Canterbury Cathedral is the headquarters of the Anglican Church and for most of the Middle Ages it was also England’s greatest pilgrimage shrine. Interestingly, Canterbury is neither England’s first Christian city (Glastonbury), nor is its Cathedral the most impressive (Winchester Cathedral, Salisbury Cathedral) or famous (Westminster Abbey, St. Paul’s Cathedral). However, it houses some of England’s oldest Christian treasures, including the relic of St. Thomas Becket, a 12th century activist for the separation of church and state. While the hordes of Chaucer emulating pilgrims to Canterbury are long gone, many tourists still visit every year to pay homage to this most beloved of English religious sites. Canterbury Cathedral is a UNESCO World Heritage Site.
The City of Canterbury and its great cathedral enjoys one of the longest and greatest traditions of pilgrimage in Northern Europe. In 597 AD, Augustine of Canterbury, not Hippo, was sent to England by the Church in order to see it through the dark times of the early Saxon occupation. Basing himself in Kent, he established a new Archbishopric in Canterbury with himself as the first Archbishop. A local church was made available for his use, and he soon began the work of converting it into a cathedral. The construction would take centuries, during which time the site was looked after by the Greyfriars, the first monastic community in England.
Canterbury Cathedral’s great moment in history took place in the late 12th century, when it was the battleground for one of the world’s great showdowns in the separation of church and state. Henry II, in an effort to reduce the influence of Rome, had his close friend Thomas Becket appointed as the Archbishop. To his surprise, Becket decided to break with the king and insist on an independently functioning church. This enraged Henry, and Thomas Becket was subsequently assassinated by four of Henry’s knights. Becket’s martyrdom made him an instant hero to England’s masses, and his tomb at Canterbury Cathedral was soon swarming with pilgrims. To reconcile with the Papacy, the English monarchy rushed to formalize Thomas Becket’s canonization.
Becket would go on to become one of England’s most popular saints. For centuries afterwards Canterbury Cathedral was England’s most important religious center. The great annual pilgrimages that descended on the cathedral became the subject of Geoffrey Chaucer’s famous 14th century book The Canterbury Tales. The cathedral made yet another rendezvous with history in the 16th century during the reign of Henry VIII. Henry, inspired by the Reformation sweeping through Central Europe, openly declared the English Church independent of Rome after severe disagreements with the Papacy over his marital affairs,. Although many of Catholicism’s traditions were maintained, authority was vested in the Archbishop of Canterbury, who answered to the monarchy. Virtually overnight, Canterbury suddenly found itself the center of one of the world’s largest Christian denominations.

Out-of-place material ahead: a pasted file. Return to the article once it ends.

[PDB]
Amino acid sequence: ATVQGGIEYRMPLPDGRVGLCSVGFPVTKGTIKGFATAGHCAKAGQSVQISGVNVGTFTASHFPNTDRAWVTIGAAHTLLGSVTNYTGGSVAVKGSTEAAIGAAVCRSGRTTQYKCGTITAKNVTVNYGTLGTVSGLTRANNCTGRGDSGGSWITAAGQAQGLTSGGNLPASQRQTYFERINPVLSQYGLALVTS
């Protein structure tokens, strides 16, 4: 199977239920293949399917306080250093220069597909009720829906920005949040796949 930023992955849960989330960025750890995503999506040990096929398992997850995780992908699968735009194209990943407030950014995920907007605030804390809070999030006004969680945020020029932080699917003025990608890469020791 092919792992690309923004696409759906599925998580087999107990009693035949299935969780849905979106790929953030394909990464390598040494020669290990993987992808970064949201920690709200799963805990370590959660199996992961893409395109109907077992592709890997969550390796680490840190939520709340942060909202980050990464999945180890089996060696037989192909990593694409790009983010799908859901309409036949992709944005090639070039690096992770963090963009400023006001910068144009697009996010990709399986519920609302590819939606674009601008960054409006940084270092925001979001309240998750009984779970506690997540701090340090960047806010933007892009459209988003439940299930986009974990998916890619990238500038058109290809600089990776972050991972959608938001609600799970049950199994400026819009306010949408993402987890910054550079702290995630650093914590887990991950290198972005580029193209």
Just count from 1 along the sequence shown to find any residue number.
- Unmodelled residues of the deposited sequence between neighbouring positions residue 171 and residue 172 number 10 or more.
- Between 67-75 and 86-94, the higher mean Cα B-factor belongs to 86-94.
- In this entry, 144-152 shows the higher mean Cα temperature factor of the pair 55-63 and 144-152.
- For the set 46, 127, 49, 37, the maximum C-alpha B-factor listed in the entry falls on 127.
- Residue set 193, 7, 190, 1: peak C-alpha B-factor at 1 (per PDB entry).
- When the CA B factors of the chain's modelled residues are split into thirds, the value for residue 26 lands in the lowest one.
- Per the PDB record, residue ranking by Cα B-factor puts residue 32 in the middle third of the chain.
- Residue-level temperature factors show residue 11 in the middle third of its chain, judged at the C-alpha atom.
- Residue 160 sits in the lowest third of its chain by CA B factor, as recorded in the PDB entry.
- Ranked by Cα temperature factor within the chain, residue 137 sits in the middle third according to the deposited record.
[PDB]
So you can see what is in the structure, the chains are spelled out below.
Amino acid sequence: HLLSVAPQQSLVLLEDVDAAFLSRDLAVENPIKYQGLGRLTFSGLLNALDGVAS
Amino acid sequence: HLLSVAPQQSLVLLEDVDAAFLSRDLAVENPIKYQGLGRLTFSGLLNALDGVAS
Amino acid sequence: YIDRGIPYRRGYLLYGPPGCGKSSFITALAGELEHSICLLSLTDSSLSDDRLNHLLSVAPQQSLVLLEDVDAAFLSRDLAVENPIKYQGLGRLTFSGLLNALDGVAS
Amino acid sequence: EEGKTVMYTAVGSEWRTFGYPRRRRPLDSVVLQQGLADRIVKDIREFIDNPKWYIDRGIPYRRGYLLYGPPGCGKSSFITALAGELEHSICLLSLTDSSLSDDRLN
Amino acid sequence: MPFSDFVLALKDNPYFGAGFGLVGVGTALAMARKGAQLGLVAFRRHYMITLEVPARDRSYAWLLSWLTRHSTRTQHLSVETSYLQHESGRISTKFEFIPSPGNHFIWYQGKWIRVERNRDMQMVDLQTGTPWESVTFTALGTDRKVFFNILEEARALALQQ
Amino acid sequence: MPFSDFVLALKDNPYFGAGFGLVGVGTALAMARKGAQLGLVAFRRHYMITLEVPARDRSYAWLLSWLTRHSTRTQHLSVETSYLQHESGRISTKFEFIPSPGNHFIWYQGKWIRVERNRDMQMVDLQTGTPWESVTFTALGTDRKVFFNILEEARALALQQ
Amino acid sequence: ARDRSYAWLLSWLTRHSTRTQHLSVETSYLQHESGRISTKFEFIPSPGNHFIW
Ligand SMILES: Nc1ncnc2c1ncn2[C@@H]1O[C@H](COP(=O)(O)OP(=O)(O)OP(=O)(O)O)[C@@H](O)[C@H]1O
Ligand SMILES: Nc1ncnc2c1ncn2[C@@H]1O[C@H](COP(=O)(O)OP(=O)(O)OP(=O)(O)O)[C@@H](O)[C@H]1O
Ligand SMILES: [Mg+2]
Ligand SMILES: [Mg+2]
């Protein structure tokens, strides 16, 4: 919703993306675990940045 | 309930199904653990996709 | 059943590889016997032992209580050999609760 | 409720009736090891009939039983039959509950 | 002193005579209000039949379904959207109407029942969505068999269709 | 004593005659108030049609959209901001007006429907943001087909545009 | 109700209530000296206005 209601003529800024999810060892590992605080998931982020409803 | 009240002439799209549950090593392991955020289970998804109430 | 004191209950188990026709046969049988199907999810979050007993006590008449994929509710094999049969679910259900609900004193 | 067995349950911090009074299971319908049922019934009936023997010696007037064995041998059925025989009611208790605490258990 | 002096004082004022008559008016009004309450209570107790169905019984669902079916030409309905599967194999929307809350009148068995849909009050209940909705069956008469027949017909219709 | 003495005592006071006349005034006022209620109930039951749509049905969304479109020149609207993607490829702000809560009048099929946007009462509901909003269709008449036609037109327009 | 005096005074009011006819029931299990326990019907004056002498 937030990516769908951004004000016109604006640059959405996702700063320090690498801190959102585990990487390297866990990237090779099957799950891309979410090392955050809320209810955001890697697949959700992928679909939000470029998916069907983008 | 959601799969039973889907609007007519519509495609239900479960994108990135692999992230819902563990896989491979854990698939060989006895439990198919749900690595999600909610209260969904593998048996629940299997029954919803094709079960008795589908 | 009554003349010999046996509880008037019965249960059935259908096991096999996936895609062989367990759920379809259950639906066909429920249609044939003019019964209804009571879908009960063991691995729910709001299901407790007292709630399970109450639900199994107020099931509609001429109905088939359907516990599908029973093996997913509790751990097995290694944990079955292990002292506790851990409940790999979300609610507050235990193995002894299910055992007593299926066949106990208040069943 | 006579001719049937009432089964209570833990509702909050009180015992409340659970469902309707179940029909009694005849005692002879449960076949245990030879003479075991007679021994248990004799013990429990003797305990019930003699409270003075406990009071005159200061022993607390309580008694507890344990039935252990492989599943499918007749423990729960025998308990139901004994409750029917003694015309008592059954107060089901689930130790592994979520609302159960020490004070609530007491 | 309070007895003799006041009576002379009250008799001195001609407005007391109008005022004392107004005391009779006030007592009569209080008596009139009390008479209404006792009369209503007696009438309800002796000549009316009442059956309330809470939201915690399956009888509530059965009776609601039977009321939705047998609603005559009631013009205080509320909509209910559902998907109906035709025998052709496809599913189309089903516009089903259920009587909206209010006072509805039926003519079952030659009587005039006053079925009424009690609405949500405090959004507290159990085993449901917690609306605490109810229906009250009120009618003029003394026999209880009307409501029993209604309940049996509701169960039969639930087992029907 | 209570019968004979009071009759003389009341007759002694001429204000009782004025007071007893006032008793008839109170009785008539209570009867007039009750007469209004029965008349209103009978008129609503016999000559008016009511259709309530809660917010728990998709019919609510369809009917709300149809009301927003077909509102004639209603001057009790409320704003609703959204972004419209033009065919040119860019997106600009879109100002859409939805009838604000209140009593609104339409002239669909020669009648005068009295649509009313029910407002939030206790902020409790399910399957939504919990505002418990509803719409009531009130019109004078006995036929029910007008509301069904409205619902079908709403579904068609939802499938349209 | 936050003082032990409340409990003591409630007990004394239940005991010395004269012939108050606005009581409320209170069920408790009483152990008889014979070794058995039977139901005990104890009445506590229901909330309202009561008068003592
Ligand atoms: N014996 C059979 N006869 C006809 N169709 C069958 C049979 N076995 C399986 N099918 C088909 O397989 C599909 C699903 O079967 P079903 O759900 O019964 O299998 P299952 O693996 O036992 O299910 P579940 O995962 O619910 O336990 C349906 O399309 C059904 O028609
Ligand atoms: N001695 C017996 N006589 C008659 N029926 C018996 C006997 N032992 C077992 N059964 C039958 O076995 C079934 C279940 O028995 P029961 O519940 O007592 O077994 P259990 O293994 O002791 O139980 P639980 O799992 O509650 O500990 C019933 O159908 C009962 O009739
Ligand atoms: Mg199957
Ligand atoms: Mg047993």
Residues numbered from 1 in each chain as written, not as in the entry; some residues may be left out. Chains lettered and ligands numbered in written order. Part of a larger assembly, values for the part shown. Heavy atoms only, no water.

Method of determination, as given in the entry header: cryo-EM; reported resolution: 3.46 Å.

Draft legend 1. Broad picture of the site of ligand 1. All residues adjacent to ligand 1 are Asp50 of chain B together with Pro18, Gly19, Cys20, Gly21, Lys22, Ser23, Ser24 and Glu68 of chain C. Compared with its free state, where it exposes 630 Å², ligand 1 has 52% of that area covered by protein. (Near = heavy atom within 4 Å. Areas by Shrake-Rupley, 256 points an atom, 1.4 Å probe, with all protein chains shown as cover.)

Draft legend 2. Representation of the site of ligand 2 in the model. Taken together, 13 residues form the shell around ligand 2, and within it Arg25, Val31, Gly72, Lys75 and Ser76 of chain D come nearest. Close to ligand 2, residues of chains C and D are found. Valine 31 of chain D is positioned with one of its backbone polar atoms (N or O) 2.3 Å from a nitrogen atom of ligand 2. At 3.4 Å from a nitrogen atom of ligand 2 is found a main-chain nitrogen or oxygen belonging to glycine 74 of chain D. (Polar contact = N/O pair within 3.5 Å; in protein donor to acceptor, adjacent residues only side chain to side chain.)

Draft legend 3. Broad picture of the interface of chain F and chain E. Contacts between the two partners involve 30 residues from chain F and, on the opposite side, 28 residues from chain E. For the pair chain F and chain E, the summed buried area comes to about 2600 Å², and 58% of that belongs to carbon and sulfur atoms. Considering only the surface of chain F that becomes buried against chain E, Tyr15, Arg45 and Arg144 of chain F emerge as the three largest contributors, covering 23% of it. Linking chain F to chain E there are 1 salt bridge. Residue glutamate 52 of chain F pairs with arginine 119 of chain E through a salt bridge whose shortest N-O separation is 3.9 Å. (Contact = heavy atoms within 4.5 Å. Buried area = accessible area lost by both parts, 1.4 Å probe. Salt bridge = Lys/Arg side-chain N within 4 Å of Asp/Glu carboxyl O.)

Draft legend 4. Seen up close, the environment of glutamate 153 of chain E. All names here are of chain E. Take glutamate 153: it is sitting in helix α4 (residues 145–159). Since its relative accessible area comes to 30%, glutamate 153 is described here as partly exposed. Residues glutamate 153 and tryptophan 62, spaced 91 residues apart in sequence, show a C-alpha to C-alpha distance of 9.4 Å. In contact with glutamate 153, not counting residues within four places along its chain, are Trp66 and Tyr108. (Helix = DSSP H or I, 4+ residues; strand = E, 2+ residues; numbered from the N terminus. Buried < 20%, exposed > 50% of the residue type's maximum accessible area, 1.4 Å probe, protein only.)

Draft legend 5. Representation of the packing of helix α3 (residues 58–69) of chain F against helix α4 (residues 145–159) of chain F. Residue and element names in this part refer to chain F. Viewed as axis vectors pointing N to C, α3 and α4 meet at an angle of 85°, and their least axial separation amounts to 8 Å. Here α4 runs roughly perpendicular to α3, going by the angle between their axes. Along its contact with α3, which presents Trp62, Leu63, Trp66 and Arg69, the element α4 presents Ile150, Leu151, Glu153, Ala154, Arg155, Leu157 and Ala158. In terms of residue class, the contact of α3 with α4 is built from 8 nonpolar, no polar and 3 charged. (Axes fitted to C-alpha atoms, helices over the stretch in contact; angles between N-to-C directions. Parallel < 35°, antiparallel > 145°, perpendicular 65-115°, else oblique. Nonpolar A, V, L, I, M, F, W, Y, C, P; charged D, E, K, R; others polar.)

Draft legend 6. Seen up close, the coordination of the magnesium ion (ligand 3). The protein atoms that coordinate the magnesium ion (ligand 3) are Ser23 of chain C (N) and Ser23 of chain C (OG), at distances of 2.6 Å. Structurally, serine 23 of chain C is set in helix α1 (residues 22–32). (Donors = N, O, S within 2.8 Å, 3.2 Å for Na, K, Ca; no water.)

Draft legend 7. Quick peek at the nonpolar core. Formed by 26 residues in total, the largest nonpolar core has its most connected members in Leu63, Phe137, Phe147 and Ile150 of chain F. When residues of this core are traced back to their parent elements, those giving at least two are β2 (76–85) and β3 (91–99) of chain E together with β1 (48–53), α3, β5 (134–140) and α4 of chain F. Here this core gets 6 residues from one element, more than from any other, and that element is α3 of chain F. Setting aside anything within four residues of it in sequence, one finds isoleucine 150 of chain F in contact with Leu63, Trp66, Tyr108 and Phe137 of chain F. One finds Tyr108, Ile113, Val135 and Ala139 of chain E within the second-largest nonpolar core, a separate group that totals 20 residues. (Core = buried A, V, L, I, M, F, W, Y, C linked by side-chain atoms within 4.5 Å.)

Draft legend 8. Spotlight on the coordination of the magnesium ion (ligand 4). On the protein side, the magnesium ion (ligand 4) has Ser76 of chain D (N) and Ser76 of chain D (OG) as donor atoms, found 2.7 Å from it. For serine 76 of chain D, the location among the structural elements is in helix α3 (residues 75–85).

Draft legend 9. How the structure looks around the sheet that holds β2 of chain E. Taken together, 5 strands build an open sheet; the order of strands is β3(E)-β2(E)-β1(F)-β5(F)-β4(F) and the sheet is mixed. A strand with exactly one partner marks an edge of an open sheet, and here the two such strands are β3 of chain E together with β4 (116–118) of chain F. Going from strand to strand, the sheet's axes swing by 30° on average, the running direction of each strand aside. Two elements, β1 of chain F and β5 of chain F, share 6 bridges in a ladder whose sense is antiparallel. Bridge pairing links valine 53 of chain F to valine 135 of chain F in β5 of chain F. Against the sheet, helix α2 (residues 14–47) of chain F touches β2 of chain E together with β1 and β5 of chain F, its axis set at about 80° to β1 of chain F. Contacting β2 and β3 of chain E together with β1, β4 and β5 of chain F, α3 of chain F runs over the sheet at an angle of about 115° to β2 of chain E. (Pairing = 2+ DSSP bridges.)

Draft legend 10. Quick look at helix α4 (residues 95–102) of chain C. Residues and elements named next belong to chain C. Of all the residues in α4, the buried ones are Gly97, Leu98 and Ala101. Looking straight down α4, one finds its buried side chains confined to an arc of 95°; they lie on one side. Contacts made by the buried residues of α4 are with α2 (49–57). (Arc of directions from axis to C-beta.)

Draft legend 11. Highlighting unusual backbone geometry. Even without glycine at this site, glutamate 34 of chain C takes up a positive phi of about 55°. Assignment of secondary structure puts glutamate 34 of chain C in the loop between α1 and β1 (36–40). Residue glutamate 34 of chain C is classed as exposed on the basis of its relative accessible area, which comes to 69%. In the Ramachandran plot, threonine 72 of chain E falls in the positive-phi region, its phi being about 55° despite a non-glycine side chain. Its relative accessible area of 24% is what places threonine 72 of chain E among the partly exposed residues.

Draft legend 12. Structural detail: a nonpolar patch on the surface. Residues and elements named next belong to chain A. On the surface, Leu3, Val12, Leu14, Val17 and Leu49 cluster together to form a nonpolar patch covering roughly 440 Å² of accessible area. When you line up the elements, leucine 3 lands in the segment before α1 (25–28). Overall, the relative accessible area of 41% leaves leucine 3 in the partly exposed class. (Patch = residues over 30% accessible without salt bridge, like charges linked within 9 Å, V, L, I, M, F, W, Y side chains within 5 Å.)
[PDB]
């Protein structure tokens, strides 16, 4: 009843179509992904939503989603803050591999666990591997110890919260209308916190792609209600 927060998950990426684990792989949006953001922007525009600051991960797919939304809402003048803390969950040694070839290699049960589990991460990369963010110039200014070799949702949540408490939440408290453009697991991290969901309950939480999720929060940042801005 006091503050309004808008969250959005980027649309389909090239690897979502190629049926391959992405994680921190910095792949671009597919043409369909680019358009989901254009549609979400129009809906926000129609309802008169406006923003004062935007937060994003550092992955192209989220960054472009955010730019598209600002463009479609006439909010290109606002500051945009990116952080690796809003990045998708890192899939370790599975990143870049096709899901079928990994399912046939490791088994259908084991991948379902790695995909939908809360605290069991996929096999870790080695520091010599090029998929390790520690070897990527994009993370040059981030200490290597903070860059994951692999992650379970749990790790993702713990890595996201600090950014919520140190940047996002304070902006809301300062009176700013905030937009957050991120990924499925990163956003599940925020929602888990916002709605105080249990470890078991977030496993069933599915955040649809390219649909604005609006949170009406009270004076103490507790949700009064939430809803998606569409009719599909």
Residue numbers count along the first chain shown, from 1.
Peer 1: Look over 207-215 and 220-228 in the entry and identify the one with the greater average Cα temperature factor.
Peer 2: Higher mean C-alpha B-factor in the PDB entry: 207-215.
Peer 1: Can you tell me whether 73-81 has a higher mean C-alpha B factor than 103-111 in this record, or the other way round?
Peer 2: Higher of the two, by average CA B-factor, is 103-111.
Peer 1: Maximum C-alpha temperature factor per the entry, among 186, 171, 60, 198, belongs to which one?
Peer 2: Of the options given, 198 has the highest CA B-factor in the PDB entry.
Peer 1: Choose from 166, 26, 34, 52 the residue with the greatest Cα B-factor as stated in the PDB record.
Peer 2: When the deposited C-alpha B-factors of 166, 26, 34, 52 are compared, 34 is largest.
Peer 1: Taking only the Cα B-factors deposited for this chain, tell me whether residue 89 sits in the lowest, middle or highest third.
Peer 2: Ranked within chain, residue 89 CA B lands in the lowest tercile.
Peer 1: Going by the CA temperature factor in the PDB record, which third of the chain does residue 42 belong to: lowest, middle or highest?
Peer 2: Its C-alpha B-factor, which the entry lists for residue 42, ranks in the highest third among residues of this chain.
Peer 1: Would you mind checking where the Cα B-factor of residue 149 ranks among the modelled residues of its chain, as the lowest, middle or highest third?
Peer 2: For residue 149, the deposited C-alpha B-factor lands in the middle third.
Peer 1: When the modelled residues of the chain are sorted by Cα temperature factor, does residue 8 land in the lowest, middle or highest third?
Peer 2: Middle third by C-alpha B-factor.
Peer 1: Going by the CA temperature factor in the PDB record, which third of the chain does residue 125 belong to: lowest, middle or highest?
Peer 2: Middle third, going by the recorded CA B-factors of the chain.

The tradition of Canterbury being a center of Christian authority in England, both in the Catholic and Anglican periods, has existed for fourteen centuries. The current Archbishop is still considered a successor of Augustine, of which there have now been over a hundred. After the Pope in Rome and the Patriarch in Constantinople, the Archbishop of Canterbury heads the third largest united Christian denomination in the world. Today Canterbury Cathedral is one of England’s most sacred, if not most visited, Christian holy sites.
Canterbury is one of Europe’s great cathedral cities, and though much of it was rebuilt after the World War II, its tower walls, narrow streets and half-timber houses and shops still appear much today as they did in the Middle Ages. The early church that Augustine inherited and expanded is now gone. The current structure was founded in the 11th century and was largely completed in 1077 AD. The overall design features atypical cross-shaped layout. However, what is effectively a second transept makes it look similar to the French Cross of Lorraine. Its lofty design and intricately detailed exterior masonry suggest something other than Gothic. A large monastic compound and cloister is adjacent to the cathedral.
Canterbury Cathderal’s interior is typical of 11th century architecture, with high vaulted ceilings supported by great pillars. However, its light colored walls, extensive lighting and numerous windows give it a much lighter and airier feel then typical of the period. The main site of interest, of course, is the Tomb of Thomas Becket. A number of memorials around the church mark places of importance. An ancient marble plaque identifies the location where the saint was murdered. Another plaque marks the spot where Pope John Paul II knelt in prayer with the Archbishop of Canterbury. Thomas Becket’s body lies under a simple stone slab that is merely labeled ‘Thomas’ in large red letters.
Canterbury Cathedral lies on the outskirts of the Old Town of Canterbury, approximately fifty miles east of London. It is open in Winter from 9:00am-5:00pm and Summer from 9:00am-5:30pm (Sundays year-round 12:30pm-2:30pm only). The cost of admission is L7.50. Web: www.canterbury-cathedral.org (official website)
For centuries Canterbury was England’s defacto pilgrimage city, and many buildings in the city were associated with the cathedral. Two major sites of religious importance are the ruins of St. Augustine’s Abbey, which was founded by the famous missionary, and St. Martin’s Church, the oldest parish church in England. The Friary of the Greyfriar’s dates back to the 13th century and is one of the few surviving monasteries of Henry VIII’s purges.